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HELP!! I scorched my Le Creuset...

Please offer advice.
I scorched the inside of my LC pot (olive oil at too high temperature and LC unattended for a minute or so). Is there a gentle way to remove the discoloration? We've applied elbow grease, of course, but to no affect. By the way, the discoloration covers an area of perhaps five inches by three inches - not the entire bottom. Many thanks, in advance, for your help.

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  1. sorry, lifespan!

    le creuset has cleaning info on their site. i also recall a thread here on chowhound. laundry detergent is featured, as i recall.

    2 Replies
    1. Boiling water with a little bleach in will often work. I've also found that a Mr. Clean Magic Eraser works well for cleaning up Le Creuset enamel as well.

      1 Reply
      1. re: flyingpostman

        I would use the bleach as a last resort as it's alkaline and can permanently etch the enamel. LC even took it's use recommendation off their website. I would try their LC cleaner first. You can search for the thread about using the Tide enyzme detergent which LC recommends. You might try a little baking soda, or Bar Keepers friend used very lightly. You don't want to rough up the enamel so be gentle. Many solutions here. Do a search. Good luck!

      2. lifespan, not a specific solution to suggest, but I just wanted to let you know that I've had reason to correspond (via email) with Le Creuset's customer service department several times during the last few weeks. (I wanted to register my new pieces, but the site link wouldn't work for me.)

        I have found their representatives to be *extremely* helpful and quick to respond to my emails. If you feel you might like to ask them about the best way to tackle this with minimal risk of ruining the finish, the addy is cservice@lecreuset.com. I don't know if they're there over the weekend, but when I've written to them on weeknights, I've always received a response by the following morning.

        2 Replies
        1. re: Normandie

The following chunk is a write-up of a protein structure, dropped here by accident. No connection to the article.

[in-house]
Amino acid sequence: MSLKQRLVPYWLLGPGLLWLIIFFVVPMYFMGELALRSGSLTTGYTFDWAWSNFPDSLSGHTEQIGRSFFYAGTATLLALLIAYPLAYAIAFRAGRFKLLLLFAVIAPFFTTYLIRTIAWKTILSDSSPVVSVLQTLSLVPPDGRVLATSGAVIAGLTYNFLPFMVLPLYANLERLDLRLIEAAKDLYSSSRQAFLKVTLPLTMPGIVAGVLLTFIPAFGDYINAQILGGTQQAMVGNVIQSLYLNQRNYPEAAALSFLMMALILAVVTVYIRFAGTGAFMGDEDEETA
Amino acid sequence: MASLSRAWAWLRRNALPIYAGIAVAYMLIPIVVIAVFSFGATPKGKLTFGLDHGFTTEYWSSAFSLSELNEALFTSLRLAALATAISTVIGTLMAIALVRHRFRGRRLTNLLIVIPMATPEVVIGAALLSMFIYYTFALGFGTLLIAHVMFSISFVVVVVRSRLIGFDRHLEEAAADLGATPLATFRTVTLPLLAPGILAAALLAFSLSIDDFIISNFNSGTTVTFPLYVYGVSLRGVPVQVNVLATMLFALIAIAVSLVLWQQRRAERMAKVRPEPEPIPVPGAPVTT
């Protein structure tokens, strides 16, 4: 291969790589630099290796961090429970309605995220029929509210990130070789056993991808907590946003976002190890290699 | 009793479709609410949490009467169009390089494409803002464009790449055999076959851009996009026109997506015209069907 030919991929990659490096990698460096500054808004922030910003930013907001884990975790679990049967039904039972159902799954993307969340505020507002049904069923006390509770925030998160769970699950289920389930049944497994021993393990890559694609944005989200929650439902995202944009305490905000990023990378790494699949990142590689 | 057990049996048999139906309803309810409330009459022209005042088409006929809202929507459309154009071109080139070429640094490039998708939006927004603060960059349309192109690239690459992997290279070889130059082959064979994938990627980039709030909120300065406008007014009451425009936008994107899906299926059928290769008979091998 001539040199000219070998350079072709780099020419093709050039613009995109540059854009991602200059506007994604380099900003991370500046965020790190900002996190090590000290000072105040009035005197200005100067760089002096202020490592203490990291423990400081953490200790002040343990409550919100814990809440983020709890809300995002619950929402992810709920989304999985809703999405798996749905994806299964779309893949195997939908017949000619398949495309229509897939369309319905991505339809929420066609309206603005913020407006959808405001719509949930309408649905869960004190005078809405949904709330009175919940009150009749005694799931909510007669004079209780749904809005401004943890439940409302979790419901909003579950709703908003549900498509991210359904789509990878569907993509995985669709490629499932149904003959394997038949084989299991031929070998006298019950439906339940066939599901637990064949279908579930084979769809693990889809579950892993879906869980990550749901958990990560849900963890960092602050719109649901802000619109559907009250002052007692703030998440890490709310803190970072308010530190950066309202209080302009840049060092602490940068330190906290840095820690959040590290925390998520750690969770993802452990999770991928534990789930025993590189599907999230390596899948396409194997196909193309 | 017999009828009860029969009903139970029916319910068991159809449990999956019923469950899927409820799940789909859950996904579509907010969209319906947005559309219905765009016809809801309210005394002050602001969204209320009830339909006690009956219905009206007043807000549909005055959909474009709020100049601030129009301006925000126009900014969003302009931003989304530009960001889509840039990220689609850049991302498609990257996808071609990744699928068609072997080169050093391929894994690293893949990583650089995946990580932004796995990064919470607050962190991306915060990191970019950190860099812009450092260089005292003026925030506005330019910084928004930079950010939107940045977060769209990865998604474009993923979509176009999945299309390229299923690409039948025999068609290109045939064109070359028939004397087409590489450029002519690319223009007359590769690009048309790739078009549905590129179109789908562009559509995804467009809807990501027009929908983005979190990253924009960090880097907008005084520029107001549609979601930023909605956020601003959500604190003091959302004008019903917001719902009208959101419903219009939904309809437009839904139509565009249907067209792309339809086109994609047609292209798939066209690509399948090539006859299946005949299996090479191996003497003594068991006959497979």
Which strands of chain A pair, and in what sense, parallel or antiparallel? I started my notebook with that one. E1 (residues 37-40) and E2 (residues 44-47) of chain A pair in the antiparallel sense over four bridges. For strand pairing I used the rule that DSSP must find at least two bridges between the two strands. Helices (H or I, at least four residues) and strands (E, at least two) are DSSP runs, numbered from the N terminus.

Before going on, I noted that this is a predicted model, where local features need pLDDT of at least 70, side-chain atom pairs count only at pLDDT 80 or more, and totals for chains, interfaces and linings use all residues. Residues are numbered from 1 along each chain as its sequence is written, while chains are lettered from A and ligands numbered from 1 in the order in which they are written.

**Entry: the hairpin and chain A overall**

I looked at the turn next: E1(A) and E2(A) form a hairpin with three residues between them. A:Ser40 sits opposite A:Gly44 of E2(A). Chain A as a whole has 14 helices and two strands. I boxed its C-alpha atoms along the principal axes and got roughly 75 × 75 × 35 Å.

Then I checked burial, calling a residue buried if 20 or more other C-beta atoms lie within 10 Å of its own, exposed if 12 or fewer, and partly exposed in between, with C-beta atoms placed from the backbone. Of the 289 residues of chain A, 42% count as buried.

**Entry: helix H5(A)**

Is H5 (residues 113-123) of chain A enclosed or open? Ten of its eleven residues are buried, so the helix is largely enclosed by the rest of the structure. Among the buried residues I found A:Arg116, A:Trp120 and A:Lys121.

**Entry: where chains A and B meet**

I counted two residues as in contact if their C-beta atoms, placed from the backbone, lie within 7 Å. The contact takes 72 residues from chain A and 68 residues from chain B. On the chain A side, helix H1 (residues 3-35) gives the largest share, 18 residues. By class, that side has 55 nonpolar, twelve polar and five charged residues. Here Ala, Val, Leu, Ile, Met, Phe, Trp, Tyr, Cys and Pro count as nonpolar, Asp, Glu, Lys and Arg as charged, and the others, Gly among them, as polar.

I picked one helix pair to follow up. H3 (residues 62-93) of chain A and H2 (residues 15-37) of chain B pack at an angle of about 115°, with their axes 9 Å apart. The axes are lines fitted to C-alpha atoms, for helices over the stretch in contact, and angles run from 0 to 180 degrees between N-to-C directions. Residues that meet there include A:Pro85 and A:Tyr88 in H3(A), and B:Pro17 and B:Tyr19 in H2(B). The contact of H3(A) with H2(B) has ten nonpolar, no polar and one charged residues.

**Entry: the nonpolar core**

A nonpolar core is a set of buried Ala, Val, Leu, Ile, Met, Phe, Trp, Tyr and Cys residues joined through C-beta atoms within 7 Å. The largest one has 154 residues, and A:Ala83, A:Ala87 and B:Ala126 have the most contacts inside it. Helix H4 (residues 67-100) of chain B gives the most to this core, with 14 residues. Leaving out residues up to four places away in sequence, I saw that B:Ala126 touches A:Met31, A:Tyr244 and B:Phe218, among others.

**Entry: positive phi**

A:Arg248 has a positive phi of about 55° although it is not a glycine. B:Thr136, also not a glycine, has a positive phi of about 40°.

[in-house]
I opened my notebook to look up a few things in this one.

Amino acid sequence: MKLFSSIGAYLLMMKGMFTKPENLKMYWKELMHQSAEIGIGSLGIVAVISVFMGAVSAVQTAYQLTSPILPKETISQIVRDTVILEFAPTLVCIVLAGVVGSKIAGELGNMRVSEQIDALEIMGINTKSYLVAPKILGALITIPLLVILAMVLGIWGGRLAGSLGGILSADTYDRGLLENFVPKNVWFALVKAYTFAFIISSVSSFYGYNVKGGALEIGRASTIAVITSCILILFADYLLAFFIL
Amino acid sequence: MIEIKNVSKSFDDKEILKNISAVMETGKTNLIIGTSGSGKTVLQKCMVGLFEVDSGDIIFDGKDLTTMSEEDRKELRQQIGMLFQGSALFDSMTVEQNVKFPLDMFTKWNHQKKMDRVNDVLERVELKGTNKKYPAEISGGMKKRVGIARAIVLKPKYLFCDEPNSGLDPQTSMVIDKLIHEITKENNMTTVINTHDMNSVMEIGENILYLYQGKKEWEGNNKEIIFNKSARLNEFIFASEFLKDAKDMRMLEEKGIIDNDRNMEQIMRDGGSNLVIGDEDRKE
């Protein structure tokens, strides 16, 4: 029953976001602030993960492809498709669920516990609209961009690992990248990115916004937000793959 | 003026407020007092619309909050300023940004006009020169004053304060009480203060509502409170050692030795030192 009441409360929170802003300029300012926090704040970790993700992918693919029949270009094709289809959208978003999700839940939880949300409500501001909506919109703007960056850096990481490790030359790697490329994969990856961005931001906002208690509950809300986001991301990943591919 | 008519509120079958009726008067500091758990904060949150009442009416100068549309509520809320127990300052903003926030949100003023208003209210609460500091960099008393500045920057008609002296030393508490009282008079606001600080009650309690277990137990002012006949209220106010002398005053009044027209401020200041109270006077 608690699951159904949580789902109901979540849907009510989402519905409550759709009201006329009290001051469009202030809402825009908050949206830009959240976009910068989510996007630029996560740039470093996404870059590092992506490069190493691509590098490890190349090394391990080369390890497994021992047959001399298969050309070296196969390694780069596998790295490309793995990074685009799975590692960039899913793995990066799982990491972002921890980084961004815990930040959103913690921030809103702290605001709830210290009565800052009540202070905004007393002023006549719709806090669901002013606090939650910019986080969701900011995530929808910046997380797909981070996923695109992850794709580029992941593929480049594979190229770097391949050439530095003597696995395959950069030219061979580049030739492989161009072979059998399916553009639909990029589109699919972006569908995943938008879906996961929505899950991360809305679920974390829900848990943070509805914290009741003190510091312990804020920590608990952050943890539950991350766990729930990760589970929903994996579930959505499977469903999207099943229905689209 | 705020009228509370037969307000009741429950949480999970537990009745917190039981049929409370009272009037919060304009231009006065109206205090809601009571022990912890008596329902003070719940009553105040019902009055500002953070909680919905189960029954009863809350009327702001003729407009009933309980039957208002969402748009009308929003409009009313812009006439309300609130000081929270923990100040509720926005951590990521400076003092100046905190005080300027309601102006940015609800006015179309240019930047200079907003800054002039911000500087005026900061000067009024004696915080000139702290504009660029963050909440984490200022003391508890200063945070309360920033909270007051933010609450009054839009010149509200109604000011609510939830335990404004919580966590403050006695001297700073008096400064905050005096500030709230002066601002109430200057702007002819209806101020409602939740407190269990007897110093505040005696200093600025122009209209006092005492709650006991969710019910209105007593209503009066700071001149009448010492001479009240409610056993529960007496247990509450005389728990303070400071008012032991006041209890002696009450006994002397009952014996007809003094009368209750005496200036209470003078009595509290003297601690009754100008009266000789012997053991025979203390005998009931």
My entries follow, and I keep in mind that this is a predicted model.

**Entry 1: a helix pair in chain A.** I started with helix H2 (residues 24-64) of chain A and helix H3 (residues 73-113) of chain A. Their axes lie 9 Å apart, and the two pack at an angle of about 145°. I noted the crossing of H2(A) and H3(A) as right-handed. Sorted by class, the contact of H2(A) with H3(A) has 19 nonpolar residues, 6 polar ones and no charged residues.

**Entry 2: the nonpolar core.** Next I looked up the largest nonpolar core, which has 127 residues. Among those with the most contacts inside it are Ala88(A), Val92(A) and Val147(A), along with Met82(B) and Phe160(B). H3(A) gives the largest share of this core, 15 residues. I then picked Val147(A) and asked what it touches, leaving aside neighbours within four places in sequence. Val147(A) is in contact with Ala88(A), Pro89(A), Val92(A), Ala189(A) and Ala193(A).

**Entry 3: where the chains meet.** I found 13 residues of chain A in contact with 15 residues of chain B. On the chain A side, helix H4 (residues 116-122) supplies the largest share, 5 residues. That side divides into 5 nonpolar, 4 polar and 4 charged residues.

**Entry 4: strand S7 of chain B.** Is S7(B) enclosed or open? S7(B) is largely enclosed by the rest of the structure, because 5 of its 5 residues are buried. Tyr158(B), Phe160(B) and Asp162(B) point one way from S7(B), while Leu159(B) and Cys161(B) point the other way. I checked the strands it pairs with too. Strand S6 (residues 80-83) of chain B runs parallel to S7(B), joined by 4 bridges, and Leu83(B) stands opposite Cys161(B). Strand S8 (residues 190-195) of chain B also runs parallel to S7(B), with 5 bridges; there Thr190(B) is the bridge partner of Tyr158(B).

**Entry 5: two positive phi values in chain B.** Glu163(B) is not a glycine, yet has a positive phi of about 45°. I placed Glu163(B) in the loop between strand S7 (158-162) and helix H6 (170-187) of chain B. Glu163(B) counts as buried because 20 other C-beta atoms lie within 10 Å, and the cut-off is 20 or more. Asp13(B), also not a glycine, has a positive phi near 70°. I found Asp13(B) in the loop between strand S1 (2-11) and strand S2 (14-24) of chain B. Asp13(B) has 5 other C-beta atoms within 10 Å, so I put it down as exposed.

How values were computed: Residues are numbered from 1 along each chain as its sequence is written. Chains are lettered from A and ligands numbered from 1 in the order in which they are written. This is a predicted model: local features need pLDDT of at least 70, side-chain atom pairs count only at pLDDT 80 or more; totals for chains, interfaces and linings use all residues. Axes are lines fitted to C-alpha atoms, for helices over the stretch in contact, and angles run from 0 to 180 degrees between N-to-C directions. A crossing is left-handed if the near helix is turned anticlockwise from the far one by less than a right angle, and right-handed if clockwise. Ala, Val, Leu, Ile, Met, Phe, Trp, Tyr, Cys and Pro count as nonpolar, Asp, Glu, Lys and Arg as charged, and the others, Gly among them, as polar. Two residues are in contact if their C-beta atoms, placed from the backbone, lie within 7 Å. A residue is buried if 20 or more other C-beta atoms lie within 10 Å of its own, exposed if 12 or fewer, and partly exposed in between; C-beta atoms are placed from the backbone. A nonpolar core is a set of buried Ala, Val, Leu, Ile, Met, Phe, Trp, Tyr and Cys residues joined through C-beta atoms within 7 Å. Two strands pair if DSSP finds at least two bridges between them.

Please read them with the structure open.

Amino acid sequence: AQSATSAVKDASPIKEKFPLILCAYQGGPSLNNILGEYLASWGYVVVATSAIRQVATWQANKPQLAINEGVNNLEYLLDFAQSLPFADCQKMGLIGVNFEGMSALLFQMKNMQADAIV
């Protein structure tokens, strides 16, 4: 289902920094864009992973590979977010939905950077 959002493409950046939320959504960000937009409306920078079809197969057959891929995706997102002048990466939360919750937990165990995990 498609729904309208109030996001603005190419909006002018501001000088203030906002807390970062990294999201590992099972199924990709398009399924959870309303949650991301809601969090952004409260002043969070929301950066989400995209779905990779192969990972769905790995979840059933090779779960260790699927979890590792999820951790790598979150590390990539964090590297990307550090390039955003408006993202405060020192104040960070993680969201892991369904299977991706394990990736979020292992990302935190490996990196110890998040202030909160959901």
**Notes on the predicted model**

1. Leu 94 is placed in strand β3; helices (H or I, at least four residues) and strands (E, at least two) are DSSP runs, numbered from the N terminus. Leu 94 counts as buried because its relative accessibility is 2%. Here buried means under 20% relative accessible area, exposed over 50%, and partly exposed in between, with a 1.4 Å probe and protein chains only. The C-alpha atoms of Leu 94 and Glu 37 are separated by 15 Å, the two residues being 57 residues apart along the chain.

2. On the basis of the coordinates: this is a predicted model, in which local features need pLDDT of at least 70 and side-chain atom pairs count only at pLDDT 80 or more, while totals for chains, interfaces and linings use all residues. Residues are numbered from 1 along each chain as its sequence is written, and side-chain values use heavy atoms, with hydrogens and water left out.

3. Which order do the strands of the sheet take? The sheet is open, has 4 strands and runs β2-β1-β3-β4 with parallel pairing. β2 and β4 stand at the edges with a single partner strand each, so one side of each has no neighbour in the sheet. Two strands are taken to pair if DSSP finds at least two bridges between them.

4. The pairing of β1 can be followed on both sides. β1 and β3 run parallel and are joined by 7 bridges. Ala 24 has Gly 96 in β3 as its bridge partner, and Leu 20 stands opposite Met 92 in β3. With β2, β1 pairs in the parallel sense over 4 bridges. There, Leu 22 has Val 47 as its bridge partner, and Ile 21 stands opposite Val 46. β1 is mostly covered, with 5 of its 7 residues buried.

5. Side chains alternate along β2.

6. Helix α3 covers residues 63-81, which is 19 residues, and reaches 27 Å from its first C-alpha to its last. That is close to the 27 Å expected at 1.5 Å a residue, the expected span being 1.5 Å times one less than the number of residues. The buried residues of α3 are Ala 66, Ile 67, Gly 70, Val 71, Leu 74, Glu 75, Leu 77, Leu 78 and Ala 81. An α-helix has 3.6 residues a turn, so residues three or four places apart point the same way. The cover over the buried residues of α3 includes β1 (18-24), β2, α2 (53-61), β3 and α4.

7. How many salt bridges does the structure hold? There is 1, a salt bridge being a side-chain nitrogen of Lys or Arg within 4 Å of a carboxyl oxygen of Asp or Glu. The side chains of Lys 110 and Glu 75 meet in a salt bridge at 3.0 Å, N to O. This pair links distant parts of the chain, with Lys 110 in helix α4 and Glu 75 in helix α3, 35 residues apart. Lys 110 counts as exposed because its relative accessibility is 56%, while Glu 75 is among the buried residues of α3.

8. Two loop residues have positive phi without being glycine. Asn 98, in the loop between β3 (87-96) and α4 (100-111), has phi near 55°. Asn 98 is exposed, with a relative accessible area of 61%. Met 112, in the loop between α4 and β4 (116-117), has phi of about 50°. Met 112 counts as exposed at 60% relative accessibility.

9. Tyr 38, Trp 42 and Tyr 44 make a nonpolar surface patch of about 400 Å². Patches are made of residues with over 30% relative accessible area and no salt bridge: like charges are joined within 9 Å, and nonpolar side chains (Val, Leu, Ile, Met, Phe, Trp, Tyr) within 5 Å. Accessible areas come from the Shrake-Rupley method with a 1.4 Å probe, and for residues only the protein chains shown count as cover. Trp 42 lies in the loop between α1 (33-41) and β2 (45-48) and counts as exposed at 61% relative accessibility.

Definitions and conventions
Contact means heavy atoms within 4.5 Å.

You have to register them? If I break mine and they're not registered, are they not covered?

          1. re: Soop

            i've never registered mine either? is it too late most areabout 1.5 yrs old

        2. I don't have a LC pot, but I have two enameled dutch ovens. Actually, I have only one. I threw the other one away and the reason I threw it away is because I destroy the interior enamel with blench solution. I cleaned it with baking soda and vinegar, but I was obsessed with a perfect white interior and proceed to use blench. Then, I destroy, so... there you go.

          By the way, soaking your pot with baking soda solution and vinegar solution should clean up most stuffs.

          5 Replies
          1. re: Chemicalkinetics

            Thanks to all for the helpful information. I am the sort who likes to gather information and then "think about it," prior to acting. And so, instead of applying any of the several remedies suggested here (and elsewhere), I cooked in the pot again. I believe that "pitting" the enamel is a fate worse than staining. It appears that even white vinegar can pit enamel... I have resolved to purchase the LC cleaner, give it a try, and perhaps try another thing or two. But if none of the remedies work, I will leave the pot alone. Thinking of my grandmother's LC, which our family has used for over 60 years, I realize, "there's stain; so what!!"
            Happy cooking, eating and cleaning to all of you.

            1. re: lifespan

              Lifespan,

              I believe baking soda and vinegar solution should not destroy your LC enamel, but you are correct. It is way better to underdo than overdo when it comes to enamel pot. Having a few staining spots in no way affect the performance of your cookware, pitting the coating does. So it is always better to less than to do more for a enameled pot.

              1. re: Chemicalkinetics